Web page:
Sunday, June 16, 2013

Are There Rattlesnakes In Tahoe?

The high-altitude living of Tahoe offers many benefits if you like to spend time outdoors. Perfect summer weather. Dry enough in the summer to prevent nearly all bugs from taking up residence. Nights that are cold enough to stop the few remaining pesky bugs in their flight paths. Hot sunshine on even the coldest winter days. A high proportion of sunny days. And glorious recreation including uncountable spectacular hiking trails.
But what about rattlesnakes on those trails?
Some time back, we were hiking a couple of hundred miles north of - and 4000 feet lower than - Tahoe, when we came upon a rattler. We later identified it by his beautiful pattern as a Pacific Coast Rattlesnake. He lay coiled on the trail, his head up in the air, his tail up, too, but held a little lower.
He wasn't shaking his rattle. We hadn't gotten close enough for him to go into alarm mode. But he was aware of us. Very aware. Except for the snaking, serpent tongue – stuff of legends and bad dreams alike – he was still. We watched and we stayed as still as possible. But not like this guy. He could do still better than your average rock.
In the end, he won the staring contest. We gave him wide berth and went on our way. For the rest of our hiking trip, every step took on a new weight. We weren't just exploring the Northern California wilderness, we were running the timeless gauntlet, man against nature. And the serpents were out there, ready to take us down.
How can you prepare against something that might slither right up your pant leg? (It would probably never happen, but I'm a writer. My job is to imagine, right?) Add in curved, needle teeth and you can barely stand to visualize what body part into which that guy might decide to inject his venom.
All of which made us glad to come back to Tahoe because, to our knowledge, we don't have rattlesnakes anywhere in the Tahoe Basin.
But is that really true? There are several varieties of rattlesnake to be found throughout the foothills to the west. And to the east of Lake Tahoe – Carson Valley, Washoe Valley and Reno's Truckee Meadows – there are a good supply of legless reptiles with very sharp venom-delivery tools.
A little Google research will turn up a few fish-and-wildlife officials who say snakes could be in Tahoe. But none of them definitively say that rattlesnakes live in the basin. I did find one credible personal account of hikers encountering a rattlesnake near Margaret Lake, which is near Kirkwood but out of the Tahoe Basin.  Margaret Lake is at 7000 feet and, like Kirkwood, it gets a ton of snow, and the territory is similar to Tahoe, so it makes you think...  
It seems as if we should have lots of snakes in Tahoe. On our warmest days, the gophers and other small rodents are numerous enough to feed an army of snakes. Certainly, they feed an army of coyotes.
But even if we allow for the possibility of rattlesnakes in the basin, the fact is that few-to-no sightings means there are very, very few, if any. 
No one posits any thoughtful explanation of why this should be. Maybe our weather is just too cool for too long. Maybe we have enough aggressive hawks and eagles to make it impossible for any snakes to ply their trade here. Death from the sky is a snake's worst nightmare. Any snakes thinking of slithering over one of the passes into the basin might decide that it's too much work only to have to make a return trip before the snow comes back in the fall.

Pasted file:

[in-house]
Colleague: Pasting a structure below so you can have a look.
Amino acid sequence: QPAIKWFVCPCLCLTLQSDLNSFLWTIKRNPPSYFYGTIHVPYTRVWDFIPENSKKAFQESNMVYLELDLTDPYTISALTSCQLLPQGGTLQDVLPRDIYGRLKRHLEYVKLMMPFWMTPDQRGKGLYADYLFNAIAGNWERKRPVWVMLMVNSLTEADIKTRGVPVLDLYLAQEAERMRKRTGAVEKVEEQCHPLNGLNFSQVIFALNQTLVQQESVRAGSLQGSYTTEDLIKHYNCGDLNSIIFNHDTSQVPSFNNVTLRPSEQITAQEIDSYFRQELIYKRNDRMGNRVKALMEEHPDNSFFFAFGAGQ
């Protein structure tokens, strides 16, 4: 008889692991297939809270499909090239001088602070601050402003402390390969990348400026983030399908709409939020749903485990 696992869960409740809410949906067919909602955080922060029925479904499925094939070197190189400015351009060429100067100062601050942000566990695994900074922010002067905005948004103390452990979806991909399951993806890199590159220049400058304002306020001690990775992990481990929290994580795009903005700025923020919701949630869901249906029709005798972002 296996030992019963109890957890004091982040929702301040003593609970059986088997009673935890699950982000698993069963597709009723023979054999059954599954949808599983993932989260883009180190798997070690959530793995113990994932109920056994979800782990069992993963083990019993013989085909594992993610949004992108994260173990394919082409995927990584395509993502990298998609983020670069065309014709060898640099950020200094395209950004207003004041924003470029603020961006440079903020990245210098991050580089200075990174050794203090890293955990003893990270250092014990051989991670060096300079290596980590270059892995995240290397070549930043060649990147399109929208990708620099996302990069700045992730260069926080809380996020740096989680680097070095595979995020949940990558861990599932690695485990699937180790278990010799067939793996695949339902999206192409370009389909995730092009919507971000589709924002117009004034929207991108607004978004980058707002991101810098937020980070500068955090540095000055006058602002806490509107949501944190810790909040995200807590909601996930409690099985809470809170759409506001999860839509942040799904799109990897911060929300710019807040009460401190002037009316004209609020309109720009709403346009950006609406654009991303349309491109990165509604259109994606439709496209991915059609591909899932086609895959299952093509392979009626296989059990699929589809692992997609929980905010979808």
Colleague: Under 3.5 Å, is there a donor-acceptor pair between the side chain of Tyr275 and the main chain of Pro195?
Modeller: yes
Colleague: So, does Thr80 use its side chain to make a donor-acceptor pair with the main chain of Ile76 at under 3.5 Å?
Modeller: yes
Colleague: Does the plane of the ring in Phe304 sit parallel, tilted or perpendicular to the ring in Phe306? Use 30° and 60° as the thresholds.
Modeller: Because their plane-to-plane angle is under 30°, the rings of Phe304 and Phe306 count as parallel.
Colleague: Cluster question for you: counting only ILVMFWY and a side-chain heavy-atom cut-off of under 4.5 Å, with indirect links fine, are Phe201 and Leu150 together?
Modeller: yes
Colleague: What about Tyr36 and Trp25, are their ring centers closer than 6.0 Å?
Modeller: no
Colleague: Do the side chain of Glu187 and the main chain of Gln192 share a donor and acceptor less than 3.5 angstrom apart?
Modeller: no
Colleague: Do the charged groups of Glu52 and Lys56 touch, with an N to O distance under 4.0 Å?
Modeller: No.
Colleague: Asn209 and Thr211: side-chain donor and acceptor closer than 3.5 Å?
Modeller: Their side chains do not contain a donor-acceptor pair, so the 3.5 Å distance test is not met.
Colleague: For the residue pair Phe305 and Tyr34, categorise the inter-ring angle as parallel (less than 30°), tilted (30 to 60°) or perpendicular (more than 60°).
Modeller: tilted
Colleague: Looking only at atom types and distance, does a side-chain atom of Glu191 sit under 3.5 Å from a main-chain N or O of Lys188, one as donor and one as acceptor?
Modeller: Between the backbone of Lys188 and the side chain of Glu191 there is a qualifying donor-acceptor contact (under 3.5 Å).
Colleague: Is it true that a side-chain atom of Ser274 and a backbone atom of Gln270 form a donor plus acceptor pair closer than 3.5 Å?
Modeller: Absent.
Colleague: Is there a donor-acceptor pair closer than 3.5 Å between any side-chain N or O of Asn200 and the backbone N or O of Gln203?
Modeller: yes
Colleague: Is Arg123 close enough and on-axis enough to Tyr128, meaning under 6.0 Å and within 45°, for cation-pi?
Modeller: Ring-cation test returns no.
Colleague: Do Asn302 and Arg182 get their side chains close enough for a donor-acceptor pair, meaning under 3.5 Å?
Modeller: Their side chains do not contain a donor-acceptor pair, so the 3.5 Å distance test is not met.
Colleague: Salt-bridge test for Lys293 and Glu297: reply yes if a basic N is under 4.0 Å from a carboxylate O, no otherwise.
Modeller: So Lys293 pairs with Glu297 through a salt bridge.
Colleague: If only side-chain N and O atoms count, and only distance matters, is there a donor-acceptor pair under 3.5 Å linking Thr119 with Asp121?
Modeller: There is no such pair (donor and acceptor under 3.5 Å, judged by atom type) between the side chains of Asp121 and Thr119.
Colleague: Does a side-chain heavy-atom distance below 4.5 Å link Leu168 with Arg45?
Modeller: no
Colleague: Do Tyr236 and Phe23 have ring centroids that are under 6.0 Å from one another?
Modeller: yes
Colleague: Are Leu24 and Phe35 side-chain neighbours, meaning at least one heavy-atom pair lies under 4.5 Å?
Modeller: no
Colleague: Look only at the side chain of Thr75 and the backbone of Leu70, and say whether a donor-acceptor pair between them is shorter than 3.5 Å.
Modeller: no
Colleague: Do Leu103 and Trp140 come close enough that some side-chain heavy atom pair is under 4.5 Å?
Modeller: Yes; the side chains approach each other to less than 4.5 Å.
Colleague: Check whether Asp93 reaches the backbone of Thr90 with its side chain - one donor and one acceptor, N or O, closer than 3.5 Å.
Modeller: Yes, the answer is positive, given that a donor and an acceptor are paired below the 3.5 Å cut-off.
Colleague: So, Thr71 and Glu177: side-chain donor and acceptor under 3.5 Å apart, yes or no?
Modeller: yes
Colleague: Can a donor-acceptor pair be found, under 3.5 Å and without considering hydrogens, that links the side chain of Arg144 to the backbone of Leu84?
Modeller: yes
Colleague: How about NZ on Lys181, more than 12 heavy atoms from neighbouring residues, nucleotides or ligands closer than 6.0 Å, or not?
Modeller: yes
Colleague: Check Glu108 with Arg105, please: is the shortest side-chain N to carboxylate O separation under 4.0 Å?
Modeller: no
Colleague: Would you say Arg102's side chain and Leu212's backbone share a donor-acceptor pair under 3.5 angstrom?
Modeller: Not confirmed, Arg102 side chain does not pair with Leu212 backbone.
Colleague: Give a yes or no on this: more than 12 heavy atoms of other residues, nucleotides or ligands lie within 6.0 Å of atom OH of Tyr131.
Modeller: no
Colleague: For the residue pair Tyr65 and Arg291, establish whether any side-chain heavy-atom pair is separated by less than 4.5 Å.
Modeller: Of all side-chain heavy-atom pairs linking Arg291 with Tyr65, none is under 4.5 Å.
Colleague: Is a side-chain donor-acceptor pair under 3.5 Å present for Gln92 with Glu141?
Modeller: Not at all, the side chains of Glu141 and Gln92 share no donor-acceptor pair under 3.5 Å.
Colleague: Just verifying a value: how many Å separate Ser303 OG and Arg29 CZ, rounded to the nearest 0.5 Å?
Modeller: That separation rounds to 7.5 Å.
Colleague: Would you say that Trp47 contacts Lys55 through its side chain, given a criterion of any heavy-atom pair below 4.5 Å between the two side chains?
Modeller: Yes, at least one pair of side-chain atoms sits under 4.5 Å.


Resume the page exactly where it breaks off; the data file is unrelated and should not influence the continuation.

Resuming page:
I asked him if he'd ever seen a rattlesnake in Tahoe, and he said he hadn't. So I asked him, "If Great Basin Rattlesnakes can be found up to ten thousand feet, why don't we have rattlers on our hiking trails?" He said, "Too many tourists?"
If Jim is right, then book your trip to Tahoe now! We need you to keep the rattlers away.

Here is a Great Basin Rattlesnake that Jim photographed on Anaho Island on Pyramid Lake.(Tahoe's water flows down the Truckee River to Reno and then on to Pyramid Lake. Pyramid Lake has no outlet. Its water simply evaporates over time.)


So snake lovers beware. Tahoe ain't your territory. We have lots of bear and coyote. And there have been two mountain lion sightings on the South Shore this year. But there is a disappointing, depressing, deficiency of rattlesnakes in these mountains. Sad as that is, so far we're coping just fine!

7 comments:

  1. Just saw that you'll be at Artifacts near Raley's on
    July 26th! We'll see you there at 4p!

    Amanda and the girls

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    1. I look forward to seeing you there!
      Todd

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  2. I stepped on one at blue lakes, near hope valley, then saw one later that day at 9000 ft. Also a buddy said they saw one at donner summit recently.

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    1. Sorry for the delayed response.
      Stepped on a rattler?! Yikes! I hope you didn't get bit. From everything I've read, 9000 feet is higher than rattlesnakes are supposed to go. Maybe young snakes aren't listening to their elders anymore. Even Donner Summit is high for snakes. Could be climate change is to blame. I recently read that Carson City's average year-round temp has gone up 4 degrees in the last two decades, which is more warming than almost any place. If so, the snakes will be moving higher as well.
      Todd

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  3. This comment has been removed by the author.

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  4. Lots of garter snakes along the Truckee river thru Truckee.

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    1. Hi Tracie,

      We've seen a fair number of garter snakes on our hikes. And we saw a small tarantula! But so far, no rattlesnakes. However, Tahoe is warming. Climate change may bring rattlesnakes. Time will tell.
      Thanks for your interest!

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